(Election) Morning In America

I was speaking last night with one of the interns in our group.  She was very excited.  Her excitement centered on getting to cast her vote in her first Presidential election.  We talked about different elections and I started thinking back to the first time that I was able to vote for President.
I, too, was excited.  The candidate leading in the polls was a fantastic orator.  Most people presumed that he would win.  He was immensely popular and people thronged to see him and cheer him on.  His running mate was a hard-working party loyalist that seemed comfortable in the Number Two role.
His opponent had an uphill battle.  He was an honorable, long-serving US Senator.  A decent man, long-known in his party.  Old school.  He wasn’t doing so well in the polls and clearly lacked the charisma of his opponent – so he decided to “shake things up” by nominating a largely unknown woman as his running mate.  That gave the ticket some cachet for a bit, but in the end, it wasn’t even close.

I hadn’t thought about the commonalities between 1984 and this election – which I would have said were completely dissimilar.  She’d never known the Reagan years.  We both left that conversation with things to think about.  I suppose, it’s good to talk to someone of a different generation from time-to-time.

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9 thoughts on “(Election) Morning In America

  1. yup… lots of similarities… i wasn't old enough to vote then, but i have seen this comparison come up several times since mccain chose palin to be his running mate… i guess we'll see what happens … i'm keeping my fingers crossed… :)

  2. Reagan years…yuck. An overabundance of materialism was born. What you looked like was more important than how you acted. Bright blue was big. Shoulder pads so you looked bigger. Consumerism. Fakeness.
    John McCain said the "great" Ronald Reagan. I was a university undergrad then. Reagan cut the funding for the grant that paid my tuition. That is my memory of Ronald Reagan.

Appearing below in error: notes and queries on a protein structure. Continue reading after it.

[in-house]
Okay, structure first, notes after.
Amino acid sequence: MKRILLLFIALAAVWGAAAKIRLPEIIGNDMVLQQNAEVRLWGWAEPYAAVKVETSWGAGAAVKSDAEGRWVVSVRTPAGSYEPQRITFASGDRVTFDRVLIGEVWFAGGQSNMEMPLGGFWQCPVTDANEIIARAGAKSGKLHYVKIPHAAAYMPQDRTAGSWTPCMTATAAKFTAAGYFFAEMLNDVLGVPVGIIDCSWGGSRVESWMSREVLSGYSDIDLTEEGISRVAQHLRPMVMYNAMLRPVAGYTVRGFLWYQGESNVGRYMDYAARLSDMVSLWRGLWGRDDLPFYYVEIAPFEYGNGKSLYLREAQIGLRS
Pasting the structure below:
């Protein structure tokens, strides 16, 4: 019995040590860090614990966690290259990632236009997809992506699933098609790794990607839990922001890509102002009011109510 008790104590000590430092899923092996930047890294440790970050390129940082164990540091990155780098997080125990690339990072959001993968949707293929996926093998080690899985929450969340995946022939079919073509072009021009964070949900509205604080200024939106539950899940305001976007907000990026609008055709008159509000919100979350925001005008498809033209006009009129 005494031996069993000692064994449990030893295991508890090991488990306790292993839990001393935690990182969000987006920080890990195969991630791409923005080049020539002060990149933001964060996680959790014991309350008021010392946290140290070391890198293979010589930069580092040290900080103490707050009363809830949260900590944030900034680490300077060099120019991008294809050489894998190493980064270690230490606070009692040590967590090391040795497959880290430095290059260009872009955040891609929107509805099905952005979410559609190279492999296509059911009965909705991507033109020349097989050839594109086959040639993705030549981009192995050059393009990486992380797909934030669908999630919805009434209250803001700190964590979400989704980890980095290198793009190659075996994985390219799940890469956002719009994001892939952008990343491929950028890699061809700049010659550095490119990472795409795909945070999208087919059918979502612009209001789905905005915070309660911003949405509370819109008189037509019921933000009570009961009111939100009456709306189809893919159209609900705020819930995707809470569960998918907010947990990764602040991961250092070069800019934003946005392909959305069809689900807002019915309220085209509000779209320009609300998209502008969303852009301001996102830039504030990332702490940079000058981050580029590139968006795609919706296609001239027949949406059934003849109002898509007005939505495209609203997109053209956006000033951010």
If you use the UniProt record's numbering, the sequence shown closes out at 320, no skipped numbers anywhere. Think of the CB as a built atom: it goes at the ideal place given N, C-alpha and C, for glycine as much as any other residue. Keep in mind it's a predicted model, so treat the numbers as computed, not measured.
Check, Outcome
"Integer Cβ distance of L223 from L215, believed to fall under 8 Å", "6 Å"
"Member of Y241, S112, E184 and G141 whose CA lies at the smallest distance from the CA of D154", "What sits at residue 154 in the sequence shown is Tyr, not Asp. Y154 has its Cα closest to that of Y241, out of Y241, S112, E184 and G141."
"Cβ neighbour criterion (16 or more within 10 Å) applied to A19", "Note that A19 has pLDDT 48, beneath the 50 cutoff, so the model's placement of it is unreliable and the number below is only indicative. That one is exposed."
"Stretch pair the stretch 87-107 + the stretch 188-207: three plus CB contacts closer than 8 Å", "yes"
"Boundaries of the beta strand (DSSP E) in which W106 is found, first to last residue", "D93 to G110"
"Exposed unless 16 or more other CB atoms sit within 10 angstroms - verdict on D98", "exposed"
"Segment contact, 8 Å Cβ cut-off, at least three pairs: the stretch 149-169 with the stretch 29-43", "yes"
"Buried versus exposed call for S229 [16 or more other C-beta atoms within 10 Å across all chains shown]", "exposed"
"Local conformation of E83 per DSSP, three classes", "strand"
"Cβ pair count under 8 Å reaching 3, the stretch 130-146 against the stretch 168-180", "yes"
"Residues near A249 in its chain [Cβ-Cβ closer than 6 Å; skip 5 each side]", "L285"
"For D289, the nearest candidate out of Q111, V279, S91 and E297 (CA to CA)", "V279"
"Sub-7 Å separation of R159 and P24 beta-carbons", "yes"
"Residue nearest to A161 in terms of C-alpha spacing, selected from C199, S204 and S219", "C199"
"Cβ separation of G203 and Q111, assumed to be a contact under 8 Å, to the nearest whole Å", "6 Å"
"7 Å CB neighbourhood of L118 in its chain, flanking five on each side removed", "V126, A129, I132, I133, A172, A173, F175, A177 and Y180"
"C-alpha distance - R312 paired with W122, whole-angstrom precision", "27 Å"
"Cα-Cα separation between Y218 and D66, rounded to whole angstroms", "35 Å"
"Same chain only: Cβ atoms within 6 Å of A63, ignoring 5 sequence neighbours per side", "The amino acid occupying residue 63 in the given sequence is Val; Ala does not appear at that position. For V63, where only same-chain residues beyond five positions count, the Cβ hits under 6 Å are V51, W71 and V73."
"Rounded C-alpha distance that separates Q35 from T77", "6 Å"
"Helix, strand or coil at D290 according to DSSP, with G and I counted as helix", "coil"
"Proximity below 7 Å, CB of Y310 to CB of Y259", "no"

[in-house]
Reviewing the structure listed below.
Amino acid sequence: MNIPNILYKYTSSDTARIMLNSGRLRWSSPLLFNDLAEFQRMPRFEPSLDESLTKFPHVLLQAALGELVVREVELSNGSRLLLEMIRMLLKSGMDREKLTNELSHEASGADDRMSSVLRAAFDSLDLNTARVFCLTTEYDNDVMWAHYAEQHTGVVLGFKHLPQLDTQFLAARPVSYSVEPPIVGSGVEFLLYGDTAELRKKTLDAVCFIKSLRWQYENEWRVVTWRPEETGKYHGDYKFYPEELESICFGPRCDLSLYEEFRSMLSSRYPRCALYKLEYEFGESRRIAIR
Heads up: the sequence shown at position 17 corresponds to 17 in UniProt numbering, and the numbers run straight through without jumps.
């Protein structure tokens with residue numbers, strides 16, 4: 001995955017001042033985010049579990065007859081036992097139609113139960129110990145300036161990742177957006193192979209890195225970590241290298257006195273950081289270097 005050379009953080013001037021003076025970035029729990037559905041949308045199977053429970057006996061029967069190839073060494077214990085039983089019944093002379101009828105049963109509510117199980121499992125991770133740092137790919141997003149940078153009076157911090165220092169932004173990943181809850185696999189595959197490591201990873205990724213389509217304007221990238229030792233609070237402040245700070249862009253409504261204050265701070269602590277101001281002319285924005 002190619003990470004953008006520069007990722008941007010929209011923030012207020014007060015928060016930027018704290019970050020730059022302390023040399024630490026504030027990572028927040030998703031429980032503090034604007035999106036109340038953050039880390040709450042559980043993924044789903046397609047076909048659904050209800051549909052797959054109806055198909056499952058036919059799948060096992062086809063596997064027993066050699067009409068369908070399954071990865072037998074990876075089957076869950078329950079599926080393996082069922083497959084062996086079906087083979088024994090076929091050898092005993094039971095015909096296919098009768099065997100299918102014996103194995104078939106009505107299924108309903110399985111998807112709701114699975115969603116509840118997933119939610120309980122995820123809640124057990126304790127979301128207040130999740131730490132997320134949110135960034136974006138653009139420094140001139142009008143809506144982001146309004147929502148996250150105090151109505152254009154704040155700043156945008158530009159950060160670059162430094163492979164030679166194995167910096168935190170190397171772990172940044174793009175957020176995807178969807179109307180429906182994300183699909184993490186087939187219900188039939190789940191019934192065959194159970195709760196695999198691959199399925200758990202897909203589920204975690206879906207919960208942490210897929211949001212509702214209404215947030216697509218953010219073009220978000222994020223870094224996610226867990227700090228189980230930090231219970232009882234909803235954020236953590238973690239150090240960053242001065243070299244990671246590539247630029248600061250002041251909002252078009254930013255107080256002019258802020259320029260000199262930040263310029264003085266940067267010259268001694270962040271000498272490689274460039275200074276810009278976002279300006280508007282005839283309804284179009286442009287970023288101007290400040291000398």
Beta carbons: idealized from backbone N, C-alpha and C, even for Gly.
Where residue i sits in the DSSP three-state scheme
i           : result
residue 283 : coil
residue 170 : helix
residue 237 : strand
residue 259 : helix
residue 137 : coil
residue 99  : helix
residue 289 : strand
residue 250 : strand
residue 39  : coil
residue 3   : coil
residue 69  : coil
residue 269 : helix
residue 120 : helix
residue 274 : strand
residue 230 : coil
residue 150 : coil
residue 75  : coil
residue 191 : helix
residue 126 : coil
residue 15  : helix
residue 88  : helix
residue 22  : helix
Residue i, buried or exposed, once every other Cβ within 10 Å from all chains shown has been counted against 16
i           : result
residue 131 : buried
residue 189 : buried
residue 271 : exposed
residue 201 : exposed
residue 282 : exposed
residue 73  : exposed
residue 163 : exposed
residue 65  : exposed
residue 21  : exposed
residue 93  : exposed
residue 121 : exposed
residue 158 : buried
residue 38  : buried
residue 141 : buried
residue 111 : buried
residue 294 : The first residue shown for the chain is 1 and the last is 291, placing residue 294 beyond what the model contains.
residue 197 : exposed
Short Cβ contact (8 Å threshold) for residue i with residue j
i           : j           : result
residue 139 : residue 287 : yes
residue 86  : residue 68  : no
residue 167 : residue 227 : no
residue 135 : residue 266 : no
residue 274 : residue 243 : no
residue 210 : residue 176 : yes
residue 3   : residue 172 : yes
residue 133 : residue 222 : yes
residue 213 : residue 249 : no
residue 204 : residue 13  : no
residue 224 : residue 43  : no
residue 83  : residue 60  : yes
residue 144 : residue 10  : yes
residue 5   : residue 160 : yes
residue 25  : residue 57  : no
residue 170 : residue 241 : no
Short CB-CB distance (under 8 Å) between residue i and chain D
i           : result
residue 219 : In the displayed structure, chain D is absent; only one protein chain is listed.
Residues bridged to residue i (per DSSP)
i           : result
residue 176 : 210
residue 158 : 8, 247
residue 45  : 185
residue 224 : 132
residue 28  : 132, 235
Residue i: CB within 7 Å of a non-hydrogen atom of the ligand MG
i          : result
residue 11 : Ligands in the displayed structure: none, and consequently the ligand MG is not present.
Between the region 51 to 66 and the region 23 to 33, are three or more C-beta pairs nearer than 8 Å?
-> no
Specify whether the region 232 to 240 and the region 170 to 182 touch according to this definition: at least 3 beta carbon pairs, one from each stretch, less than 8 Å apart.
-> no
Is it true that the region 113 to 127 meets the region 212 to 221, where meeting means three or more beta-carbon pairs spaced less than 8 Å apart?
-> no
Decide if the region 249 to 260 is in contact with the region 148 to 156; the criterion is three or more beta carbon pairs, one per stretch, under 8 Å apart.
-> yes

Good post, by the way. It will be my son's first as well.

  3. I remember that election! It was such a big deal. I remember thinking that, with Geraldine Ferraro as a Vice Presidential candidate, it surely wouldn't be long before there was a femal President. Of course, I don't think anyone thought that it would be another 24 years before we saw another woman on the ticket, or that it would be 24 years before we even saw a woman campaigning for her party's nomination.
    The very first election in which I could finally vote was 1996: Clinton vs. Dole. I was more engaged in the political process in 1992 (I was just 3 months shy of voting age!), but I quite eagerly awoke early that year to cast my ballot for Bill. That was the only Presidential Election in which I voted in California. I have far more vivid memories of my first Election Night in Florida in 2000…

  4. Interesting comparison. I wasn't nearly old enough to vote back then, and my little world of awareness didn't extend to following politics back then, so it's neat to see someone's take on things who actually DID pay attention. :-)

  5. Wow — being a Floridian in 2000 must have been crazy. I think the 1996 election was the most un-interesting one that I can remember. Wow — do THOSE seem like simpler times, or what?

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